The report is a cautionary tale for more money driven cultures like the United States. Economist Jeffrey Sachs points to Costa Rica as a shining example of a happy country despite its modest means.
Denmark is the world's happiest country, overtaking Switzerland, according to the fourth annual report on the subject.
Prepared by the Sustainable Development Solutions Network (SDSN) and the Earth Institute at Columbia University, the report ranked the US at 13, Germany at 16, the United Kingdom at 23, France at 32, and Italy at 50.
At the other end of the spectrum are Madagasgar, Tanzania and Liberia, with Afghanistan and Syria also in the bottom 10.
Columbia University economist Jeffrey Sachs, who also heads the SDSN and is a special adviser to UN Secretary General Ban Ki-moon, co-authored the report.
"Human well-being should be nurtured through a holistic approach that combines economic, social and environmental objectives," he said in a statement before the World Happiness Report 2016 was unveiled in Rome on Wednesday.
The report's metrics for measuring happiness across 157 nations include per capita GDP, social support and healthy life expectancy.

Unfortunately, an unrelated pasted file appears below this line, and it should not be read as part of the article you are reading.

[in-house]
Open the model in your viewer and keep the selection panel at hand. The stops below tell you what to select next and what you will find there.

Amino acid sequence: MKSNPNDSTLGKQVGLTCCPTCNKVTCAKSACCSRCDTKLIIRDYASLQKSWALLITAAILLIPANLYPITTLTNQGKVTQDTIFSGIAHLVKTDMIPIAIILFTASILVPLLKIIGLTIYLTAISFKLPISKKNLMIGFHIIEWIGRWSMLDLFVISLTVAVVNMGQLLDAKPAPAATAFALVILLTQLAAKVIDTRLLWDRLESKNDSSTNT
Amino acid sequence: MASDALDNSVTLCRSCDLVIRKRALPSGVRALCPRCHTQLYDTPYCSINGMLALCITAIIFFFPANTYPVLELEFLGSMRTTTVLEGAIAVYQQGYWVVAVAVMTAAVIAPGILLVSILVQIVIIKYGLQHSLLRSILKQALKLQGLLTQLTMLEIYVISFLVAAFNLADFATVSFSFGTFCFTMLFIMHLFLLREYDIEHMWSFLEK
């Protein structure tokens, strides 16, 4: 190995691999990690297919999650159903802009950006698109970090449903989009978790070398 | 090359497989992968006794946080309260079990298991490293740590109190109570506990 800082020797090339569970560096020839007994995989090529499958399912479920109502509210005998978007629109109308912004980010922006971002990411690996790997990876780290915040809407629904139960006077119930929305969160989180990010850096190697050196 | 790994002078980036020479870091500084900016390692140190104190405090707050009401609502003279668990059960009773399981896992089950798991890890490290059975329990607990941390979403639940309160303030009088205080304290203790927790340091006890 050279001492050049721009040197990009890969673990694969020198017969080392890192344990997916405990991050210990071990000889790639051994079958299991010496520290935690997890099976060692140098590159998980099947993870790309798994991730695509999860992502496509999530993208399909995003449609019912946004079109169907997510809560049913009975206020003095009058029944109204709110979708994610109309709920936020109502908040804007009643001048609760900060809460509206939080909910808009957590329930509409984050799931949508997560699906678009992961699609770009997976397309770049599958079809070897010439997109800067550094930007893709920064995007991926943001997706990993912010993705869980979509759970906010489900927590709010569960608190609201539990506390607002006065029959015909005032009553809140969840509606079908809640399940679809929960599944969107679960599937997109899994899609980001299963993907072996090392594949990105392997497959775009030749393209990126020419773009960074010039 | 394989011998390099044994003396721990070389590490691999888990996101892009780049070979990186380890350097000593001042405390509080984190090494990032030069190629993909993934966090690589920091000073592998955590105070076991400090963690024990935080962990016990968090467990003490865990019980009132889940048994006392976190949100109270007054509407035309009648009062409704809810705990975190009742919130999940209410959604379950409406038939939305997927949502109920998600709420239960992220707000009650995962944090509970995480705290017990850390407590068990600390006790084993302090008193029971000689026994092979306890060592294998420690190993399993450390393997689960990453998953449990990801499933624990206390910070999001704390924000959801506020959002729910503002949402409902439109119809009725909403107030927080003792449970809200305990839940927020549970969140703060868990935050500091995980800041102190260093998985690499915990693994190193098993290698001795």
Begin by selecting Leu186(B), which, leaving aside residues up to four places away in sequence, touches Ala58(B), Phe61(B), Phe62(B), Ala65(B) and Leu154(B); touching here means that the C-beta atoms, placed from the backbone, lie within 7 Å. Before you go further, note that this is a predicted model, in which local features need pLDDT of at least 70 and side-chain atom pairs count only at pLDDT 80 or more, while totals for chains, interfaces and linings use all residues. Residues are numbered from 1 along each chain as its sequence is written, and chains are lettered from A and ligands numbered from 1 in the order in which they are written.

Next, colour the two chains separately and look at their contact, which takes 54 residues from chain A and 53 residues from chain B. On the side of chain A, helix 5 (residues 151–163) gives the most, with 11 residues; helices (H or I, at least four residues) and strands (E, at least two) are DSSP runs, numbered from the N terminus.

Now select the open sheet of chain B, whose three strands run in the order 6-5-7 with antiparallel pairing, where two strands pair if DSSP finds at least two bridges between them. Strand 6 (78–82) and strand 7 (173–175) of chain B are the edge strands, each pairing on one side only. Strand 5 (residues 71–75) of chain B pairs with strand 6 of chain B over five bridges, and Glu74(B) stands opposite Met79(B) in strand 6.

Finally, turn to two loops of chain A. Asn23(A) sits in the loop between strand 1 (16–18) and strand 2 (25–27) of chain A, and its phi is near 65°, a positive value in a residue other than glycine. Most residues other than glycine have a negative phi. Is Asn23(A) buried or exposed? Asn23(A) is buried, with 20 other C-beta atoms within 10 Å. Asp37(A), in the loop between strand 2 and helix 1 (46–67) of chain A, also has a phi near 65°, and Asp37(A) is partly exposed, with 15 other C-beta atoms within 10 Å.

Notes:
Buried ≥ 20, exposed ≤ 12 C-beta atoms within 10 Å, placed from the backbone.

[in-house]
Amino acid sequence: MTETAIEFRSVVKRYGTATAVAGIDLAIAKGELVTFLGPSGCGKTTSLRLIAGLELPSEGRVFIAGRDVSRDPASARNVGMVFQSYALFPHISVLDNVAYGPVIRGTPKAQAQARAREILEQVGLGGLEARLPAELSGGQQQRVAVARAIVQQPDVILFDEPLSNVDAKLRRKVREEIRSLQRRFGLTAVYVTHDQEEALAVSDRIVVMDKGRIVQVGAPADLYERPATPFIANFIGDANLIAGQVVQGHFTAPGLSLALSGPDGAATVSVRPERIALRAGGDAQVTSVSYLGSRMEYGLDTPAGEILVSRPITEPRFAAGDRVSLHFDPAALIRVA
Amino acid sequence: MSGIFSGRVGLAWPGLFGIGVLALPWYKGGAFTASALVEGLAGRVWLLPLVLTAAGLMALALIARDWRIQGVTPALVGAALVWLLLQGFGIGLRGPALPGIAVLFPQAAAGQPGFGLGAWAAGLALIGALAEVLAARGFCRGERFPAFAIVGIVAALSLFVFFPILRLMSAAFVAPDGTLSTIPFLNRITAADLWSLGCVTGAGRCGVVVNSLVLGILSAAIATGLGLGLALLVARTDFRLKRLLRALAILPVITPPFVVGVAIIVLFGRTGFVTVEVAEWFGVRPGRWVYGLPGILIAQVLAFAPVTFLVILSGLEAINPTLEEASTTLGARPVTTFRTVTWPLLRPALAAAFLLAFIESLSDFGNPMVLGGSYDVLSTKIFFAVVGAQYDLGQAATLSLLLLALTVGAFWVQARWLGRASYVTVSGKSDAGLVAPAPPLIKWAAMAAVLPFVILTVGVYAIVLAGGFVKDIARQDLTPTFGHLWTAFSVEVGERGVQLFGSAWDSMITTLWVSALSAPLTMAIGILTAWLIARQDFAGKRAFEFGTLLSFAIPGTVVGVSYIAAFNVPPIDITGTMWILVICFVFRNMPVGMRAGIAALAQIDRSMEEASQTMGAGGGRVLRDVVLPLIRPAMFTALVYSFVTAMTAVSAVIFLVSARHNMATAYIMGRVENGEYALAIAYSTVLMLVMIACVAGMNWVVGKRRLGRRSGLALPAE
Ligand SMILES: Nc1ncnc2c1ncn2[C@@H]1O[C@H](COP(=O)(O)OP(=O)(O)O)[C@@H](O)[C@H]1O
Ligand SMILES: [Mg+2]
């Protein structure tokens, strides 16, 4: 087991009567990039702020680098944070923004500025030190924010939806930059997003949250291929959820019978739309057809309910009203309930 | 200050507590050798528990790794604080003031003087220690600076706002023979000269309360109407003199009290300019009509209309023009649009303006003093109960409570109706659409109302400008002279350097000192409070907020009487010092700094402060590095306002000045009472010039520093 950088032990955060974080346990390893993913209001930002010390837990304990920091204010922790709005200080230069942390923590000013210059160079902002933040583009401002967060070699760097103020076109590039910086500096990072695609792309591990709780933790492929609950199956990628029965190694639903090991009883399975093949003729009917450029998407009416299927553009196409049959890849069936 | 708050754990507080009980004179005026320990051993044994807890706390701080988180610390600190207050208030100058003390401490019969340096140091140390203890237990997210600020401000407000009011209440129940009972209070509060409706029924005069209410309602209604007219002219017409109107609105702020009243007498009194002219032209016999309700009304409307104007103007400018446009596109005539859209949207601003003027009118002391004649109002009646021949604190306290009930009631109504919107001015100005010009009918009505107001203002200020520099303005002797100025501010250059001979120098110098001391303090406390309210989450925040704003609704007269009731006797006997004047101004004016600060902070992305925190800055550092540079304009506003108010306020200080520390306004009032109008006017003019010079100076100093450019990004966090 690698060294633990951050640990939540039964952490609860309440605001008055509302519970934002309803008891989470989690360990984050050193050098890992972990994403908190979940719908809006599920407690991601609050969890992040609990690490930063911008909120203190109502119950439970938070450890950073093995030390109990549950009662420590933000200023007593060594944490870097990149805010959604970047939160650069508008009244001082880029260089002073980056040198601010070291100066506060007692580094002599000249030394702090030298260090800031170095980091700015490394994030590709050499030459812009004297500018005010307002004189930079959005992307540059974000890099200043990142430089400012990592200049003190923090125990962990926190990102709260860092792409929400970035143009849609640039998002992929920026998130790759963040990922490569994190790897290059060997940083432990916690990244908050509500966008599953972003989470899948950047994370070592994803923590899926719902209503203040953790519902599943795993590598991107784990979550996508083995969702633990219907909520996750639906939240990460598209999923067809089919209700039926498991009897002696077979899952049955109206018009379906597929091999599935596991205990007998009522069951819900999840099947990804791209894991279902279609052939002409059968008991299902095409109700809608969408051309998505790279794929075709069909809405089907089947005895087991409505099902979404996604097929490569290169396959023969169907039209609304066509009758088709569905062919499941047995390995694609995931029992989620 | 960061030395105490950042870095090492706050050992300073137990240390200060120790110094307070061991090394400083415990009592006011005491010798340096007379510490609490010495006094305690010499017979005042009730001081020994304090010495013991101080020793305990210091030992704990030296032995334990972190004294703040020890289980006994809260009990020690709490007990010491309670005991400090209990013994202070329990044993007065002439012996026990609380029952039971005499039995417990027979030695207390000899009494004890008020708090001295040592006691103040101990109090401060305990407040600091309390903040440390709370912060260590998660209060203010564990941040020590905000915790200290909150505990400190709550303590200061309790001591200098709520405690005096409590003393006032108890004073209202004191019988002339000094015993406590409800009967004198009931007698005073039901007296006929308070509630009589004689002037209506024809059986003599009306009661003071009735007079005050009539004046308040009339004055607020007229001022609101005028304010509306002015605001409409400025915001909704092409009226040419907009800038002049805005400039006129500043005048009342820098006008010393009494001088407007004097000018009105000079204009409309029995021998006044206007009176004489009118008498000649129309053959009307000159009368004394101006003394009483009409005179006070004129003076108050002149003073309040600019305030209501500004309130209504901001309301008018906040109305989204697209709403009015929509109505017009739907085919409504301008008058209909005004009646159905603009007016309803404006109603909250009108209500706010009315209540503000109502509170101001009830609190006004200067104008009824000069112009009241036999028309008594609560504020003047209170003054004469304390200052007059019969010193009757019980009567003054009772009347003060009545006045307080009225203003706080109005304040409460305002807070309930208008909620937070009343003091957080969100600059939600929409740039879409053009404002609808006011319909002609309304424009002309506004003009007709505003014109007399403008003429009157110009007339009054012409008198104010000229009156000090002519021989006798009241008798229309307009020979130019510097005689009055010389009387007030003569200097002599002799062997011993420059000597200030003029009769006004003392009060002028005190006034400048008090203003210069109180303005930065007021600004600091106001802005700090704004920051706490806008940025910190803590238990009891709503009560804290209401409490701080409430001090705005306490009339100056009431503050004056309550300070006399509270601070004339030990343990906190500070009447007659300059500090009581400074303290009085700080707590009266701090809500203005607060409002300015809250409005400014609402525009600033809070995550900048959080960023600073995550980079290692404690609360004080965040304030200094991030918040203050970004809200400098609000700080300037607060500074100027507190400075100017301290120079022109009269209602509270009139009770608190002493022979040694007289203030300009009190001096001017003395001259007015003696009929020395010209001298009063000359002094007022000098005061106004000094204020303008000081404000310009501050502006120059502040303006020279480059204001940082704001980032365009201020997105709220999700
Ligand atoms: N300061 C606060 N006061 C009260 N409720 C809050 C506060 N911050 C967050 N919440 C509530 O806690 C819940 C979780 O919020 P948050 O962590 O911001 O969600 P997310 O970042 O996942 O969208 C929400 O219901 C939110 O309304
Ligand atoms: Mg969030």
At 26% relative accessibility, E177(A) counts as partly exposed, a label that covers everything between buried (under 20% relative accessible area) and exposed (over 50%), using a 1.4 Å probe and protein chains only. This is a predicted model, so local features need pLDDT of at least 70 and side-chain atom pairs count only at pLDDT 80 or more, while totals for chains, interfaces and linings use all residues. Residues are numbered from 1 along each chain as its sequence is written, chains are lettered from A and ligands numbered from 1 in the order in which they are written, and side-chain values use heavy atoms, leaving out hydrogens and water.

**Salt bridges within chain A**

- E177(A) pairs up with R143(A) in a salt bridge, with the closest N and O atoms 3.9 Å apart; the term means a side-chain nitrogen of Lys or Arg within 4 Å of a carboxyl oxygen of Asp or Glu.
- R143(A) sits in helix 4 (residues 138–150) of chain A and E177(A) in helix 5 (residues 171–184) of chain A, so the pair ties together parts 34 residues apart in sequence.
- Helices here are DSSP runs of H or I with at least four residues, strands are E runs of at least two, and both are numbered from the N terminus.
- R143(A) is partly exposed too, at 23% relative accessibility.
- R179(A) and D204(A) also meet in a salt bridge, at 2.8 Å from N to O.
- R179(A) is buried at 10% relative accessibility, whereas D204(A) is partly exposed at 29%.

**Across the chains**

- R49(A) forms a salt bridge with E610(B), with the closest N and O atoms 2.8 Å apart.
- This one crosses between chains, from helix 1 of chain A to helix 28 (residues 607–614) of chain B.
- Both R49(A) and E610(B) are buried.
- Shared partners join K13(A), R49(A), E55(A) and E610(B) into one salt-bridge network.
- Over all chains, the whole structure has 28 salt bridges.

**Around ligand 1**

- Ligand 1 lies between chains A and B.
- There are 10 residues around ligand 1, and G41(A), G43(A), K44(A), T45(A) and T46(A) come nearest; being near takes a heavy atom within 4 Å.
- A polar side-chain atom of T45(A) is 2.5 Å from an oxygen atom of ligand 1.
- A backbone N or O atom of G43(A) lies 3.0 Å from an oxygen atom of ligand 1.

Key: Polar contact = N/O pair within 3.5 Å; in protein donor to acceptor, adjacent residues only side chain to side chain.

Since the first Happiness Report was issued in 2012, five countries - Bhutan, Ecuador, Scotland, United Arab Emirates and Venezuela - have appointed Ministers of Happiness. Their task is to promote happiness as a goal of public policy.
Little greed in Denmark
Kaare Christensen, a university professor in demography and epidemiology in Odense, the birthplace of fairy tale writer Hans Christian Andersen, says Danes aren't greedy.
"They are happy with what they get," she says. "Danes have no great expectations about what they do or what happens to them."
Sachs said the report was a warning to countries like the US, where money is more of a priority.
"For a society that just chases money, we are chasing the wrong things," Sachs said. “Our social fabric is deteriorating, social trust is deteriorating, faith in government is deteriorating."
He said nations err in viewing economic wealth as a panacea.
"Many countries in recent years have achieved economic growth at the cost of sharply rising inequality, entrenched social exclusion, and grave damage to the natural environment," Sachs said.
Danish social worker Knud Christensen says his compatriots feel secure in a country with few natural disasters and little corruption.
"We have no worries," Christensen said. "And if we do worry, it's about the weather. Will it rain today, or remain gray or will it be cold?"